Autism in Resus- Making things easier for autistic children in hospital

I recently led a difficult resuscitation scenario in which a very sick, but extremely upset teenager with autism presented to the department. He was significantly hypoxic but unable to understand or tolerate oxygen therapy. Despite our best efforts, we had no choice but to intubate and ventilate him, essentially due to our failure to communicate.

This is obviously an extreme example but it got me thinking about how to provide optimum care and enhance understanding when children with autism present to hospital with illness. Autism is a lifelong developmental disorder characterised by impairments in social communication, social interaction and social imagination.

 

Throw into this repetitive or ritualistic behaviours and sensory issues (both hypo and hypersensitivity) and rush a child to an unfamiliar, often busy and noisy environment, it’s not a surprise that anxiety levels often hit crunch point!

Sadly, it is often the case that healthcare workers have not had training in autism and may feel rather helpless, unsure how to make the whole experience less distressing for the child at the centre of it. Defects in social imagination make it difficult for these children to imagine what will happen next when placed in an unfamiliar situation and when communication deficits are severe, you may as well be talking in a foreign language. Childrens outpatient departments are chaotic places with small children and toys strewn everywhere. Appointments commonly run late and the whole experience can be a sensory nightmare!

So what can we do to make things easier? The National Autistic Society website suggests considering giving children with ASD the first or last appointment of the day and finding a small side room for them to sit in if they should require. They also have a downloadable ‘hospital passport’  that these children can complete and carry with them when attending hospital to allow others to better understand their communication needs. In general, it’s important to choose your language carefully when communicating with children with autism. To aid understanding, use clear simple language and give direct instructions. Avoid confusing metaphors and sarcasm at all costs.

Examination and procedures may prove very stressful to some children and you should explain what you are doing and why prior to touching them. Sometimes a picture can be better than a thousand incomprehensible words and it may be worth planning that blood test several weeks in advance so that parents can best prepare their child. There are hundreds of visual communication aids available to help. I particularly liked the ‘Going to the doctors symbol fan” from theplaydoctors.co.uk website. There is also a ‘Show Me Where’ app for android or IPAD.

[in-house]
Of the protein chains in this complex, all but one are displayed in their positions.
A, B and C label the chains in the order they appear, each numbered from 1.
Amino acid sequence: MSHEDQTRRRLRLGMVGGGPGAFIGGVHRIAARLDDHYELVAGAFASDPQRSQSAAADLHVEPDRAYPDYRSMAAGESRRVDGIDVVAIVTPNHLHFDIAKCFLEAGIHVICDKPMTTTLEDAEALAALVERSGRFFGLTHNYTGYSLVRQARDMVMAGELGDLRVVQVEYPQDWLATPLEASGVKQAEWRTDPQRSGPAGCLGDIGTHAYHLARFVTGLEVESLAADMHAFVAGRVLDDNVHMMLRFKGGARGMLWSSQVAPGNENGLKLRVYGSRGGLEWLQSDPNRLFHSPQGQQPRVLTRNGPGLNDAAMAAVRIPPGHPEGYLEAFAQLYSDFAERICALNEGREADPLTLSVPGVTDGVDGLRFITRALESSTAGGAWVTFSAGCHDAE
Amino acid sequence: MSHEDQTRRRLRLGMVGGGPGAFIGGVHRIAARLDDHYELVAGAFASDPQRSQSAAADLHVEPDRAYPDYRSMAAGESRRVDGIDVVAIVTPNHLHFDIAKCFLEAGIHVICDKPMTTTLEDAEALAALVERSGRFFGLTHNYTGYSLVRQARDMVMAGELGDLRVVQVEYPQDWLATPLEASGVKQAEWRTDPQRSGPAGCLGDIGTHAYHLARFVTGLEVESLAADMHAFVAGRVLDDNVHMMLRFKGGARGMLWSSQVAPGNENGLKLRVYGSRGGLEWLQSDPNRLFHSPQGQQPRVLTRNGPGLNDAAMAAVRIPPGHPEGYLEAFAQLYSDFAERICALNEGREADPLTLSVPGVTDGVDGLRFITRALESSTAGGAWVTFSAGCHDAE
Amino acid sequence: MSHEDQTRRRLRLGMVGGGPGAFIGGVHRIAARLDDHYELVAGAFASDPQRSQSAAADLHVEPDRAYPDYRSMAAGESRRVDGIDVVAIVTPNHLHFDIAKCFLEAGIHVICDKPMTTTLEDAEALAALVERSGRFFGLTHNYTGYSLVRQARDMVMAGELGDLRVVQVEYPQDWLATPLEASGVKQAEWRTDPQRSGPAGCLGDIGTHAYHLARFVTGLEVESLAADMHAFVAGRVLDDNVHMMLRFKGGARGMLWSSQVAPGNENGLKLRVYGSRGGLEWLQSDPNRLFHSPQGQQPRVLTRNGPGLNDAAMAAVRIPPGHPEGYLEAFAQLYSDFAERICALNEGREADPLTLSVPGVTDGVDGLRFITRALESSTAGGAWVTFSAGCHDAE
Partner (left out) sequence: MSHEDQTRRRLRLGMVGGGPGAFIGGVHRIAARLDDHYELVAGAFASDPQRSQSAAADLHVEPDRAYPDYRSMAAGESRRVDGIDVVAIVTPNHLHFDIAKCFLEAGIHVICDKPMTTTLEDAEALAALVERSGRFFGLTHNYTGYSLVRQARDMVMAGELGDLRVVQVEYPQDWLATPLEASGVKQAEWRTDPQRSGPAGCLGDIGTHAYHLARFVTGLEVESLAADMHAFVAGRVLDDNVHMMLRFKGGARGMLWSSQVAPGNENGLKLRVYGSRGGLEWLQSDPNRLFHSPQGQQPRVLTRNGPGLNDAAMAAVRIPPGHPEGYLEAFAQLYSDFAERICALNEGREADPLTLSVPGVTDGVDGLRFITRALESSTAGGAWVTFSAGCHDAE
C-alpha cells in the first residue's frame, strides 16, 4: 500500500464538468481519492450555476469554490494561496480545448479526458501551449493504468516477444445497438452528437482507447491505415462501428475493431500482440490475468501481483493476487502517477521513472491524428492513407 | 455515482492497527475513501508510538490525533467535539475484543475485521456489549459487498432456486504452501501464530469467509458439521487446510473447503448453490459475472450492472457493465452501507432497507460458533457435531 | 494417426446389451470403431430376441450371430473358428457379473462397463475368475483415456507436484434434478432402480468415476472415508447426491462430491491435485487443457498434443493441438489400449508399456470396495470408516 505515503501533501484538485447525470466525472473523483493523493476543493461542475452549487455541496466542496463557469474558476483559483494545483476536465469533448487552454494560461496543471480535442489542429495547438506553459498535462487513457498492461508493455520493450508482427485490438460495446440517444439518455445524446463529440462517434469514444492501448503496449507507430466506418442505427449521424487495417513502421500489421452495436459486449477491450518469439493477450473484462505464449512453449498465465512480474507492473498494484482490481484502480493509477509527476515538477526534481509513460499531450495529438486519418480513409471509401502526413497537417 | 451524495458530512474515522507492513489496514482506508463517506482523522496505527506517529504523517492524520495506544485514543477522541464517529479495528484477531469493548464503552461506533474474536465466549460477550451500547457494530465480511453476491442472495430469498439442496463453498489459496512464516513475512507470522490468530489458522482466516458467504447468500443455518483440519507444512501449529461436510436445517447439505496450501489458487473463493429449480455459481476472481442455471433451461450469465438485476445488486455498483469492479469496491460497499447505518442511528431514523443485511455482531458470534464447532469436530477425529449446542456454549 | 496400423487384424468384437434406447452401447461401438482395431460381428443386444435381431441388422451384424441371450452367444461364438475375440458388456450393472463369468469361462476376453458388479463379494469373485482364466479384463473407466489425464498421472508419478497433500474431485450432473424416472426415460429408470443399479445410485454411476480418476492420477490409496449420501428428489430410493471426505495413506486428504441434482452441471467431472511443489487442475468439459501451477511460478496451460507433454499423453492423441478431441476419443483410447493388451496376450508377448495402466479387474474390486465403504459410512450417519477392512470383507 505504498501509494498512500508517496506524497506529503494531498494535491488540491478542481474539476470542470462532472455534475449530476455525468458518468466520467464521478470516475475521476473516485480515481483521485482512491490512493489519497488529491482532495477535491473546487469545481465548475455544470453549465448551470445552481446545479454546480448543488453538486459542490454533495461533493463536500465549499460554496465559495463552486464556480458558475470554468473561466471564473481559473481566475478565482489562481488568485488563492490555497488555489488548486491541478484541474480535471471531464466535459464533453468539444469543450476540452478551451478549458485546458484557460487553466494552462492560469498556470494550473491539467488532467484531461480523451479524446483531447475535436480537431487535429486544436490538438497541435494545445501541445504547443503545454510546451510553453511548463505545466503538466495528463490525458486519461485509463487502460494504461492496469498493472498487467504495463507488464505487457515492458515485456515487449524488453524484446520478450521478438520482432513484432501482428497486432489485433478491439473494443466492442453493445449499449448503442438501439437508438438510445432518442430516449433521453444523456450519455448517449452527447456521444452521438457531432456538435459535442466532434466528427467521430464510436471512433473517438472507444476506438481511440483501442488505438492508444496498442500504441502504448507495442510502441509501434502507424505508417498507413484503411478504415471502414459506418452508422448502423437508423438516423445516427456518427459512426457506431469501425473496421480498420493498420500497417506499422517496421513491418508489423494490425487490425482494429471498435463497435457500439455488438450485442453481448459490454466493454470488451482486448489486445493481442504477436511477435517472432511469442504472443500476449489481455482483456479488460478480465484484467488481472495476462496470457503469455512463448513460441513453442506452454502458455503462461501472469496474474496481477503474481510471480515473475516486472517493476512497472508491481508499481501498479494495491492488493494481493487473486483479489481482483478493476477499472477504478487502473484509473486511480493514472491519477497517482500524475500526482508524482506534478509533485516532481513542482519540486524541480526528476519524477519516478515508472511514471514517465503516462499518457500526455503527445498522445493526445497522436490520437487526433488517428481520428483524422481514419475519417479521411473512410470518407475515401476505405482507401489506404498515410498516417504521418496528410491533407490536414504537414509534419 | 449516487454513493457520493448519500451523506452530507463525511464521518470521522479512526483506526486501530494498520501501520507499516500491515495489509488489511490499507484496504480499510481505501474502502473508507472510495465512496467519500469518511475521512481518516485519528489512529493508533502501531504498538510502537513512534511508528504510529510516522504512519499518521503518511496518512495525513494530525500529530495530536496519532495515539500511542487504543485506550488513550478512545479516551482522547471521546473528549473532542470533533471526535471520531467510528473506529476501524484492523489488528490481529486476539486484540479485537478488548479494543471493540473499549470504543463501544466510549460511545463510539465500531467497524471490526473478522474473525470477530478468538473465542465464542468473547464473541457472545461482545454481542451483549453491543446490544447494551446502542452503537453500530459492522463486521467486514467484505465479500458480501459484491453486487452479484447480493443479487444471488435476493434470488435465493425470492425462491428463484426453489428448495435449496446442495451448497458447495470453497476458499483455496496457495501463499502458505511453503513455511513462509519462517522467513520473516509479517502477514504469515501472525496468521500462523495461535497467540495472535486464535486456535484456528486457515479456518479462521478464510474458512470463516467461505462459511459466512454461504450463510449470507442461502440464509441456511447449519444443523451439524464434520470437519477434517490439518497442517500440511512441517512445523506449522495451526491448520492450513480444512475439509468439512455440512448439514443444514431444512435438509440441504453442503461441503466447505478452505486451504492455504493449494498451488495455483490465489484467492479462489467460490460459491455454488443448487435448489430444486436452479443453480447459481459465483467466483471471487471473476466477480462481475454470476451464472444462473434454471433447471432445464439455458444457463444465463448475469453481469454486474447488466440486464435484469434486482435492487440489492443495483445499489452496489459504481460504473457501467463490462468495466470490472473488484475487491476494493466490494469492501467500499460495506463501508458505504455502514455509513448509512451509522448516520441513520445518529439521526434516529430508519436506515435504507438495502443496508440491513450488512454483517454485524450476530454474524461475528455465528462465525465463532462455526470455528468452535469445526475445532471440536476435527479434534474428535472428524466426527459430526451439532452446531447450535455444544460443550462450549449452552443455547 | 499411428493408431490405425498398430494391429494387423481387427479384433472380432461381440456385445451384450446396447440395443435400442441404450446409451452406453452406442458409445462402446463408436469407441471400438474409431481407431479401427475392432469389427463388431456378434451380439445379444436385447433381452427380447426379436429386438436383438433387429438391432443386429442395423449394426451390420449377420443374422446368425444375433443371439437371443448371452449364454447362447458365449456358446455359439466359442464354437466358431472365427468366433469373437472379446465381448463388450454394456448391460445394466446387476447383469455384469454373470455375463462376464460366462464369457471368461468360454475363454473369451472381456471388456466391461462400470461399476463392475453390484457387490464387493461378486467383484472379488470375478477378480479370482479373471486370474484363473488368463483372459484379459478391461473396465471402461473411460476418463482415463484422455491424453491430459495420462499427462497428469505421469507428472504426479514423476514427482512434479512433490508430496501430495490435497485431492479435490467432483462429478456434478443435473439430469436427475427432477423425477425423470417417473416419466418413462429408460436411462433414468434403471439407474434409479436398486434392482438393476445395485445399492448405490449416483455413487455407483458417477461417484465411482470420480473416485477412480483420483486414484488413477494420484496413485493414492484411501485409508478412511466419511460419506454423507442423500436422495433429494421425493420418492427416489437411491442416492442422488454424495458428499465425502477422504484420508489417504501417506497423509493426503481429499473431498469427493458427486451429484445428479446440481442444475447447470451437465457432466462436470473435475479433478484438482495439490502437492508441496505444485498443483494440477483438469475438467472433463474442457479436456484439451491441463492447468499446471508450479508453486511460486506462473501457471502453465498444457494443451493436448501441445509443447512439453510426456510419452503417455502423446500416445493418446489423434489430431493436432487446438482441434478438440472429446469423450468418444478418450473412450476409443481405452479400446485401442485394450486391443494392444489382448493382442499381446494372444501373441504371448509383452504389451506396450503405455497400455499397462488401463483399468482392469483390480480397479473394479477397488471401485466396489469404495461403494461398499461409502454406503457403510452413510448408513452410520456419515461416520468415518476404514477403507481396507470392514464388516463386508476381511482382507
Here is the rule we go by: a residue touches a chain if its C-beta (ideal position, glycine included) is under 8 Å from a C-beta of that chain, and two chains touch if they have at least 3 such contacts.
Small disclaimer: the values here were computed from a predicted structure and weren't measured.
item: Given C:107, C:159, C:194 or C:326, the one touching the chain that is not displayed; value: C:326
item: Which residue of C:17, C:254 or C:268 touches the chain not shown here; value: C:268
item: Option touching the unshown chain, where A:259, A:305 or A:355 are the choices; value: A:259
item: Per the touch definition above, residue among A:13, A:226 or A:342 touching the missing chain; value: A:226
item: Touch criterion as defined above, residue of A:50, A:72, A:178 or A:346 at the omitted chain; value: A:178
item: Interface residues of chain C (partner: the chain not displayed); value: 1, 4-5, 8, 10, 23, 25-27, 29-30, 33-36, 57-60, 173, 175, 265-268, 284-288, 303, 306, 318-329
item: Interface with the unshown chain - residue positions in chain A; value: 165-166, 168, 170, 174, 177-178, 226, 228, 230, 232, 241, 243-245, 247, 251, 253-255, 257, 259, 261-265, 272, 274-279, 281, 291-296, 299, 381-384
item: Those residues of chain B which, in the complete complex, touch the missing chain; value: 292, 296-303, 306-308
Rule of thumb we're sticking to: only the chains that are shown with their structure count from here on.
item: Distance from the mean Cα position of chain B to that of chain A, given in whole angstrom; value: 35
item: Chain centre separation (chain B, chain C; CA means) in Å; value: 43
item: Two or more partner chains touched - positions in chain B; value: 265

Children with autism may be hyper-or-hyposensitive to pain and it is important to assume the former and ensure adequate analgesia pre-procedure. However it is also worth noting that just because they are smiling, doesn’t mean that arm isn’t broken!

The bustling emergency department can be completely overwhelming for patients with ASD and anxiety and overstimulation may lead to either complete withdrawal or outbursts of difficult behaviour. Allow parents to take control if possible, even in resuscitation scenarios, as they will know how to best communicate with their child and how to help them stay calm.  Another important tip is to try and limit the number of staff caring for the patient to encourage predictability and help them to understand each individual’s role.

The most important thing to remember is that once you’ve met one person with autism, you’ve met one person with autism. Let parents be your guide as every child is different and seek support from others such as play specialists if you’re struggling.

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20/11/2015